“It seems there was a time when having a job was the key to not struggling,” Rice said. “Now, having a job, particularly if it’s part-time, does not necessarily mean all your economic problems are going to go away.”
It’s an endless debate that goes something like this.
Supporters: Federal programs like food stamps and unemployment benefits soften the blow of poverty and make it easier for poor people to make positive changes in their lives. Critics: Government subsidies lull poor people into a cycle of dependency by giving them just enough to get by, often without working.
Darrishae Potts, who has seen poverty up close, said both sides have it right.
It just depends on the person.
Potts, 24, grew up in a poor family in Oklahoma City. She’s the oldest of her mother’s five children. She has five other half-siblings on her father’s side.
When Potts was 17, she gave birth to daughter Azariah, who is 7 now. The father is no longer in the picture. When Potts was 18, her mother’s boyfriend killed her mother and then killed himself. Potts became the legal guardian of younger brother Alondo, now 11, and sister A’Nari, 9.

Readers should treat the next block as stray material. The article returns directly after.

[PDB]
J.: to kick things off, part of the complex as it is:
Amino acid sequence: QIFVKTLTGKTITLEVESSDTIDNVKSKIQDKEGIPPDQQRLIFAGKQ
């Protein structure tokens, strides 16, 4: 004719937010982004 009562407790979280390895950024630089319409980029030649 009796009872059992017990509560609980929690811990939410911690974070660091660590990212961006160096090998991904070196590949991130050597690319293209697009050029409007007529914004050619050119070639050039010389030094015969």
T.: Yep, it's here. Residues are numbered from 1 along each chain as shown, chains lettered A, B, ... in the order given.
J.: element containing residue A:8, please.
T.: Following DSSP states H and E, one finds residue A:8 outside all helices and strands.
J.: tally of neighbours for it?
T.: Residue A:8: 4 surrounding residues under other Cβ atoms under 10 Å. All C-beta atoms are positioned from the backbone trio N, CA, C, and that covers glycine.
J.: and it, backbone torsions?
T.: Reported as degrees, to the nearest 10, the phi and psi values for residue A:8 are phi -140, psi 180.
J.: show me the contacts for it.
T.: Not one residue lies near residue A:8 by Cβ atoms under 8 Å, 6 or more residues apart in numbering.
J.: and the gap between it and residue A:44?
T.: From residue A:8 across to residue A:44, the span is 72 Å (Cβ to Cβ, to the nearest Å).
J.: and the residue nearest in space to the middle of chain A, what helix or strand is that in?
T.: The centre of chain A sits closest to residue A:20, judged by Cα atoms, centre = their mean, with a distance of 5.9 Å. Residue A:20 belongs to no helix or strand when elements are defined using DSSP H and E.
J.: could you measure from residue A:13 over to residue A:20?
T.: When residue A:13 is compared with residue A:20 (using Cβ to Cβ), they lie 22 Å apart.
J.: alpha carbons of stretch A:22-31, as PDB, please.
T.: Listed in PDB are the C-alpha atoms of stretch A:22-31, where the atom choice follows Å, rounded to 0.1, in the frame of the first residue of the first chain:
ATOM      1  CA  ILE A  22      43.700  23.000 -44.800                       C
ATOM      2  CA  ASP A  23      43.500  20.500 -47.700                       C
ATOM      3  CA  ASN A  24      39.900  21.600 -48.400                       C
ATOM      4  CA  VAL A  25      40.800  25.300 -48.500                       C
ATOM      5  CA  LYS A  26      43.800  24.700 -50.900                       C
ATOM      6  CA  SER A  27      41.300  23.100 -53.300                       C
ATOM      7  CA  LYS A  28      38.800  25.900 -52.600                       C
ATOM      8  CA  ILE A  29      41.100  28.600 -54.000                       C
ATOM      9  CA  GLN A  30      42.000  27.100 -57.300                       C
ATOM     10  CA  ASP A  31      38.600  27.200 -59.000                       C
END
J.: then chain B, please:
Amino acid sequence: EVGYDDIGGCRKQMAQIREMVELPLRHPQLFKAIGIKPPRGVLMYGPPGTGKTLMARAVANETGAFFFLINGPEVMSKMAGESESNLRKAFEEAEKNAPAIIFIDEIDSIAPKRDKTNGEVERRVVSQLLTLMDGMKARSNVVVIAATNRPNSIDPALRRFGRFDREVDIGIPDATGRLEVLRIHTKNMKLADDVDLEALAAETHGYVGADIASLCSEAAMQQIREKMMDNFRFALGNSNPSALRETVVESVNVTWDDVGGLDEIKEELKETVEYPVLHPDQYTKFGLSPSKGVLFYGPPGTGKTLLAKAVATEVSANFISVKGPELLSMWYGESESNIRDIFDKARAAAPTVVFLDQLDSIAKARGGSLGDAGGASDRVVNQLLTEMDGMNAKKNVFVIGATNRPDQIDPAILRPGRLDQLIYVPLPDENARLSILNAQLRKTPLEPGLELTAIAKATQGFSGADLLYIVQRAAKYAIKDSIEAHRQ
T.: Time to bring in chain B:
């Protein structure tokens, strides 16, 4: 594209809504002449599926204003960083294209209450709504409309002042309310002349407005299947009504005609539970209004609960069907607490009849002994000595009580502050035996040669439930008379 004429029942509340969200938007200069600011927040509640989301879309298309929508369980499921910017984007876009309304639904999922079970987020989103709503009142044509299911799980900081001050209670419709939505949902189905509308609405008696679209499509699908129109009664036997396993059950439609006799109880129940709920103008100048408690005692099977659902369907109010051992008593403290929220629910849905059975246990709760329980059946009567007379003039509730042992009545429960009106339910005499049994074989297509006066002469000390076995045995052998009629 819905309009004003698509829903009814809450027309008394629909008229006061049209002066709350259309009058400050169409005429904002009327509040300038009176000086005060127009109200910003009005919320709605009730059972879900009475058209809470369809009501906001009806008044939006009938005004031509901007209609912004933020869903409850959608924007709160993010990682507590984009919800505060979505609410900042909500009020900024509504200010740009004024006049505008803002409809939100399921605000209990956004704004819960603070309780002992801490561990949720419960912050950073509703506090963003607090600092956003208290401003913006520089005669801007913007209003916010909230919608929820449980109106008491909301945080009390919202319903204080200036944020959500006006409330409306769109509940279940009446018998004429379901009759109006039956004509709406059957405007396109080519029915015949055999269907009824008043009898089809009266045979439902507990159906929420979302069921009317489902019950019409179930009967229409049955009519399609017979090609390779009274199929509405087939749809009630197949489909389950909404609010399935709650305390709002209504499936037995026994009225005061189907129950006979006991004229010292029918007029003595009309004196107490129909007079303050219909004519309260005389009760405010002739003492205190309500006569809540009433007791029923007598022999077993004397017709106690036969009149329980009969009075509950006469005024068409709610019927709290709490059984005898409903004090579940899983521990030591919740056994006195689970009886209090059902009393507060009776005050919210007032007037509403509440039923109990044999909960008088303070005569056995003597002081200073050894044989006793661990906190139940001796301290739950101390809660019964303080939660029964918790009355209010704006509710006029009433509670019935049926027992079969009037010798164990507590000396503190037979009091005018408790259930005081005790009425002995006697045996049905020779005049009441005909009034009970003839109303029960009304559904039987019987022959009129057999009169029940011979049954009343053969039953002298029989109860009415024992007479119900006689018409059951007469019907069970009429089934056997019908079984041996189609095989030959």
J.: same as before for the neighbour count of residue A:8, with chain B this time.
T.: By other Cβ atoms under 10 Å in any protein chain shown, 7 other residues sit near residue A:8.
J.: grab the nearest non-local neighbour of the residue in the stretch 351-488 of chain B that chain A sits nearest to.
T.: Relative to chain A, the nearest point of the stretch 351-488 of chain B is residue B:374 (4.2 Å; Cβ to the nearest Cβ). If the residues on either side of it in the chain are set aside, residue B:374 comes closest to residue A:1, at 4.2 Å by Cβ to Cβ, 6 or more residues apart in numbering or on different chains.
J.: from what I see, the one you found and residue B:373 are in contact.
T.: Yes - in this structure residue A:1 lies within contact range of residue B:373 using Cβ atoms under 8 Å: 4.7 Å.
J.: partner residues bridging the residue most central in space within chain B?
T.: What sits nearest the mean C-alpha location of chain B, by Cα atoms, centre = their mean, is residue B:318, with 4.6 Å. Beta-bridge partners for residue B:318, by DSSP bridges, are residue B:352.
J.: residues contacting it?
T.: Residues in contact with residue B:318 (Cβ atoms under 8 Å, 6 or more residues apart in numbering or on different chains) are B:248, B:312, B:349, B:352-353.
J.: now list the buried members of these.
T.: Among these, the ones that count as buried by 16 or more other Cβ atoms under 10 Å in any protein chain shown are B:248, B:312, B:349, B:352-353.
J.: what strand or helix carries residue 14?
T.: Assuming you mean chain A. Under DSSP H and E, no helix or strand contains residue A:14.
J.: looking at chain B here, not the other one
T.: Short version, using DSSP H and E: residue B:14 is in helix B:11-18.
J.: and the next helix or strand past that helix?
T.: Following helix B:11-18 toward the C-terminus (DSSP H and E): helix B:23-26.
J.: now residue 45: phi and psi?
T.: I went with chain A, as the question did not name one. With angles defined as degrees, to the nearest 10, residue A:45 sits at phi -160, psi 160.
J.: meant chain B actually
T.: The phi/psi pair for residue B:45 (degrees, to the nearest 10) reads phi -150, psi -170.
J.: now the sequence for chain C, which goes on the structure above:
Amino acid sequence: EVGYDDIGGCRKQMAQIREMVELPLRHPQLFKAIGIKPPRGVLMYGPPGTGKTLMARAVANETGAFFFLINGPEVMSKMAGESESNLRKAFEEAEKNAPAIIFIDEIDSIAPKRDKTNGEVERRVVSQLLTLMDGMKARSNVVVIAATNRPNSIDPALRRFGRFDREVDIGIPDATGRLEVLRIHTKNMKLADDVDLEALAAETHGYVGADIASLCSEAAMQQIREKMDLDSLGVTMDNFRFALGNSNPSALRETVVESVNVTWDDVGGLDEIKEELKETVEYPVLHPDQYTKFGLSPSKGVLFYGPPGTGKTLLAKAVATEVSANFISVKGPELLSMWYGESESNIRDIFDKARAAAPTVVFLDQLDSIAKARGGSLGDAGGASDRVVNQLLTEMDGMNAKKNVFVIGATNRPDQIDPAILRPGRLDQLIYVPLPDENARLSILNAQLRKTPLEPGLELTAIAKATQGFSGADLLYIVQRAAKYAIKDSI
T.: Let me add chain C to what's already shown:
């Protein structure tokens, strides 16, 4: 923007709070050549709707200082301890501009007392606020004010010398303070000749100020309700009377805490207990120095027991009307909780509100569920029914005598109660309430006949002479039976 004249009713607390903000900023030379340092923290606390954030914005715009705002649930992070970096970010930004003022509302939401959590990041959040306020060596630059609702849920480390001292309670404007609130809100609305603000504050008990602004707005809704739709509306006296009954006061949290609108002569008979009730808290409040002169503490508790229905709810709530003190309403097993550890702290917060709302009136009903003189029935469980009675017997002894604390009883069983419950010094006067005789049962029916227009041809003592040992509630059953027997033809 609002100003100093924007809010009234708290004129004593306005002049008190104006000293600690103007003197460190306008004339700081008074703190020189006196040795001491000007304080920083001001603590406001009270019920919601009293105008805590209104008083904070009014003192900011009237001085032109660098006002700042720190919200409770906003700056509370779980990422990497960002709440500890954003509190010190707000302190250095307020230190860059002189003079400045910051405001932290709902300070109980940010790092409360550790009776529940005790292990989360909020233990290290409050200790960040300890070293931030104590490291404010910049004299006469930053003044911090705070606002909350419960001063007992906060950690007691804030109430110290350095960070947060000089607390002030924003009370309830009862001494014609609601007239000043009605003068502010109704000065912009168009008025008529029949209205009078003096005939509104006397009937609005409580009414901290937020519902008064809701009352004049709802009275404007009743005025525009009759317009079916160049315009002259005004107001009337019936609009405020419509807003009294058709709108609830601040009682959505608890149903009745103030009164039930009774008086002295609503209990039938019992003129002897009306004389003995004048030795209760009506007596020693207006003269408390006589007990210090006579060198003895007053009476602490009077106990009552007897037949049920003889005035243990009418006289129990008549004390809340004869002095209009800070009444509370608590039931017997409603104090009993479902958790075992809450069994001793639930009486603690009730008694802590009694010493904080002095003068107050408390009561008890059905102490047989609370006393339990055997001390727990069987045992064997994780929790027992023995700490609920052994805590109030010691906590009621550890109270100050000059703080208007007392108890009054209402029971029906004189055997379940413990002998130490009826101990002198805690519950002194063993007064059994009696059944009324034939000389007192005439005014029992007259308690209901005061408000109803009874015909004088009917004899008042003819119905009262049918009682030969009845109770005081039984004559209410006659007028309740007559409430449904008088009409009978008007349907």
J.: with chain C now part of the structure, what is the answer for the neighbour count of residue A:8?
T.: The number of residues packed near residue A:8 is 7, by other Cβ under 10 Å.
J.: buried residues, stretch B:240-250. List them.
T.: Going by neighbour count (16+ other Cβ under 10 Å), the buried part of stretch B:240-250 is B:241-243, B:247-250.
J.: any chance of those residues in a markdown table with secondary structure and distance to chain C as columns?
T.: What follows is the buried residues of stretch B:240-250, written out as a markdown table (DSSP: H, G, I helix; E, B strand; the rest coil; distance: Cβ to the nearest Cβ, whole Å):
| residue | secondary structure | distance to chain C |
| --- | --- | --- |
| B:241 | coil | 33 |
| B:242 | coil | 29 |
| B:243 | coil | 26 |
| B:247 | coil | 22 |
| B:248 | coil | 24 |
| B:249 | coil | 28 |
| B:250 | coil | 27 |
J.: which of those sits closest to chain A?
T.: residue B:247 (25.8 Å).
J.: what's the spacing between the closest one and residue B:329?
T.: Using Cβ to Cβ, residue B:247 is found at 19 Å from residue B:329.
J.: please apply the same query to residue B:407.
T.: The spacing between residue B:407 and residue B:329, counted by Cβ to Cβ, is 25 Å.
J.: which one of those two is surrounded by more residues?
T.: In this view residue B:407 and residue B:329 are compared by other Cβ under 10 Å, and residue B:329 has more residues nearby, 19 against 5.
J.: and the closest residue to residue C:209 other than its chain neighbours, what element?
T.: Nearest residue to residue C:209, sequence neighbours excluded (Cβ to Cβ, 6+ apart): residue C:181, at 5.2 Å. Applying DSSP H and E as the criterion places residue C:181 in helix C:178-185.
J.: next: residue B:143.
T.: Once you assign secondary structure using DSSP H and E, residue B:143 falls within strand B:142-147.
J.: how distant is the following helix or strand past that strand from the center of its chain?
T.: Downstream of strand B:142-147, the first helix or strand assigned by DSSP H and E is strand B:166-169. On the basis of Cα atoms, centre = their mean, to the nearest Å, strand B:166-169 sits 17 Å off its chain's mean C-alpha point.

Like other people in her family, Potts relies on government anti-poverty programs to help make ends meet. She said she receives about $830 a month from Social Security for taking care of Alondo and A’Nari. She gets a monthly food stamp allotment of about $430. She pays just $95 a month to rent a house, with Section 8 housing subsidies picking up the rest. She’s not working and receives Pell Grants to help pay her tuition at Oklahoma State University’s branch campus in Oklahoma City.
Unlike other family members, though, Potts said she is determined to leave government aid behind. She just received an associate degree in police science and plans to begin work this fall on a bachelor’s in criminal justice. She wants to become a probation and parole officer for juvenile offenders.